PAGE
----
Only a single process can access each I/O device (and the data-bus) at any one time. If the data-bus is in use (data is still being transferred) and a second process also needs to access the data-bus, the second process must be queued until the current transfer is complete. When a data transfer completes, all waiting (queued) processes are consider to determine which process can next acquire the data-bus. If multiple processes are waiting to acquire the data-bus, the process that has been waiting the longest for the device with the highest priority will next acquire the data-bus. Thus, all processes waiting on higher priority devices are serviced before any processes that are waiting on lower priority devices.

The result is a need to support Multiple blocked queues, as introduced in Lecture 8.

Consider the following lines from the beginning of text file termed a tracefile. We may assume that the format of each tracefile is correct, and its data consistent, so we do not need to check for errors in the tracefile.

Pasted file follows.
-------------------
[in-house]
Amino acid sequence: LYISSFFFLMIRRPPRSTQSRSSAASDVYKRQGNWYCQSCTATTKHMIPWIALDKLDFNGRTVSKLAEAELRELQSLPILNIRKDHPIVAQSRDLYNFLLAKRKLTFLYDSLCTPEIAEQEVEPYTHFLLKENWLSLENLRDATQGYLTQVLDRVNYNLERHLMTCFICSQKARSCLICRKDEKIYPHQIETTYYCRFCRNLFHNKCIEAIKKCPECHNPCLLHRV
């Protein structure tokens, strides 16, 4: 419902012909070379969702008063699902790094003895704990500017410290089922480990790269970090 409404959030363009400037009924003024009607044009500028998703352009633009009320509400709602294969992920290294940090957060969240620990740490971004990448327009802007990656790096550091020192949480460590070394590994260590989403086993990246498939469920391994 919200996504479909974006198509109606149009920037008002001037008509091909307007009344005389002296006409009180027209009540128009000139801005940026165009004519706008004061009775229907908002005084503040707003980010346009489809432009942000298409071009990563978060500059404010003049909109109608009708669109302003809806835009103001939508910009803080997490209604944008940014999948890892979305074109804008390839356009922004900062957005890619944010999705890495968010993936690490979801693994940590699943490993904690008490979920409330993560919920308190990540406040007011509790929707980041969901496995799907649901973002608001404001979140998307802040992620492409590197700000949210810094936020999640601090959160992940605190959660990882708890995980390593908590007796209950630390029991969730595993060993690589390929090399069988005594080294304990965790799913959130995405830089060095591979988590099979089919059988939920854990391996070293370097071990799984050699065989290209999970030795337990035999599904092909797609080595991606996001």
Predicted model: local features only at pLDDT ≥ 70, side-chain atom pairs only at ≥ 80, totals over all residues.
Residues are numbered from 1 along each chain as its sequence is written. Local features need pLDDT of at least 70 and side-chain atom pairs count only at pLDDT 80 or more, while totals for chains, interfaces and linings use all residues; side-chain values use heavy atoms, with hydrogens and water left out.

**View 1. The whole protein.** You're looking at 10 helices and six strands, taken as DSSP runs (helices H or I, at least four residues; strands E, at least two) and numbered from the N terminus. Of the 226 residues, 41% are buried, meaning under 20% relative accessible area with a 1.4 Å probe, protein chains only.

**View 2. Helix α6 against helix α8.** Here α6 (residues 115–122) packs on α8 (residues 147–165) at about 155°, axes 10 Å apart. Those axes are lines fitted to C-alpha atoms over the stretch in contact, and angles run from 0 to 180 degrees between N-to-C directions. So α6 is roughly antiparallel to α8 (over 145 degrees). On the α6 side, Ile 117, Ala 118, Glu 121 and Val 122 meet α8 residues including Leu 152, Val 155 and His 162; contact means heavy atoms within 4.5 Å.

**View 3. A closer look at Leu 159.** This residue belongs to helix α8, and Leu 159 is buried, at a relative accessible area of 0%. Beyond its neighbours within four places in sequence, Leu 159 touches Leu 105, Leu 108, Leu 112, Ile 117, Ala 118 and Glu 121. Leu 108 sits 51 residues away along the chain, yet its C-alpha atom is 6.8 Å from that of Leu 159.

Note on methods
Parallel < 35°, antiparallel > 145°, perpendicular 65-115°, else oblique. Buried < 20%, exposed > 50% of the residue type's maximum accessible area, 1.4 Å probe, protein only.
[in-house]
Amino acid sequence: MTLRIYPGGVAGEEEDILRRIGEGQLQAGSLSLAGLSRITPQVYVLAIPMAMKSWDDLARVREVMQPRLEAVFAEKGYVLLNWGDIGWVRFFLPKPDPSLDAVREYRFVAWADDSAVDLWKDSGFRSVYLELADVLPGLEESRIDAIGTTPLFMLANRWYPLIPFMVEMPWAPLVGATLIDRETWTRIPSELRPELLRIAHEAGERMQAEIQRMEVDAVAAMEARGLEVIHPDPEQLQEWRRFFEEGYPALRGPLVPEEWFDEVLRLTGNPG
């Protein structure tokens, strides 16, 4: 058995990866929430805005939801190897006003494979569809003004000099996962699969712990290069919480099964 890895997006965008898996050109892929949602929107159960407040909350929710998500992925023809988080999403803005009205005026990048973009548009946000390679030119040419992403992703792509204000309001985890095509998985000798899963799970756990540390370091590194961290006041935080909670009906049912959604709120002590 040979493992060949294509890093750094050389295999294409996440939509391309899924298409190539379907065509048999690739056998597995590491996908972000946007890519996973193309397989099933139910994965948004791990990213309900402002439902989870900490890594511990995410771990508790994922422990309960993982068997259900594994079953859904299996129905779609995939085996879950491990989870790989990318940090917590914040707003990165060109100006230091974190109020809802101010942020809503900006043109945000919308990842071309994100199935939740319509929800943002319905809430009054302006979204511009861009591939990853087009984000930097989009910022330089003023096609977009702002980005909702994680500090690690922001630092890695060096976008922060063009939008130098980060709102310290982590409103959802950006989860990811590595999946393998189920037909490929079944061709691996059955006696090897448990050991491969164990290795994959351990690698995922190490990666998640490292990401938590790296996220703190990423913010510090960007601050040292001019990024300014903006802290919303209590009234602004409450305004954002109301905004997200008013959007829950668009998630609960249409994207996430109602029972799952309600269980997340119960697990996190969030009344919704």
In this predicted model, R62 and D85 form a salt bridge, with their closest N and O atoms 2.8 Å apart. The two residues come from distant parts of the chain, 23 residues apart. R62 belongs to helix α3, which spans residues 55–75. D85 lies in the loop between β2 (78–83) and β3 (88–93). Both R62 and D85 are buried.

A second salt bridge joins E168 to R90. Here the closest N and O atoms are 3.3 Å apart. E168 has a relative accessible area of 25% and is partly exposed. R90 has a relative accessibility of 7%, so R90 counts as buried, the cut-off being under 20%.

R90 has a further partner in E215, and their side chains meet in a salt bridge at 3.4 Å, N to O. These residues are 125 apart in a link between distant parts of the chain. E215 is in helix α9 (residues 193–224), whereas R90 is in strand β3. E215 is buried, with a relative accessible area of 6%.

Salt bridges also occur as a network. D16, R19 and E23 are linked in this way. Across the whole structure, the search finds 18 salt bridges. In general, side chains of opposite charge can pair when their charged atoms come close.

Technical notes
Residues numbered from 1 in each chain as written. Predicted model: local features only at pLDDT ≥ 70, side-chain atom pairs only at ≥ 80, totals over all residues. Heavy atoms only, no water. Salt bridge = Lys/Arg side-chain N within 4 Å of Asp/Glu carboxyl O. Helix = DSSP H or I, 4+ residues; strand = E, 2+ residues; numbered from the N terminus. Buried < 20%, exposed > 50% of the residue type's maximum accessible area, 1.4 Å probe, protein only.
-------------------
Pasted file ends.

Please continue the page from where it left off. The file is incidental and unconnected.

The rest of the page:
Each line provides a device definition including its name and its data transfer rate (all transfer rates are measured in bytes/second). Devices with higher transfer rates have a higher priority and are serviced first. The final line indicates the end of all device definitions, and that the operating system commences execution setting the system-time to zero microseconds. All times in the tracefile are measured in microseconds.

The following lines of the same tracefile provide the execution summary of two processes:

As process 2 commenced execution before process 1 exits, they will need to share the CPU. When both processes exist, each process executes on the single CPU until it exits, until it performs some I/O, or until its finite time-quantum expires.

There are a number of ways to measure the effectiveness of an operating system’s process scheduling. There can be no single perfect measure of its effectiveness as it is very dependent on the job-mix to be scheduled, and the data transfer rates of the system’s devices. For this project we will use the total process completion time to evaluate our process scheduling. With reference to our simple tracefile above, the total process completion time is the time from the commencement of the first process to the time that the final process exits.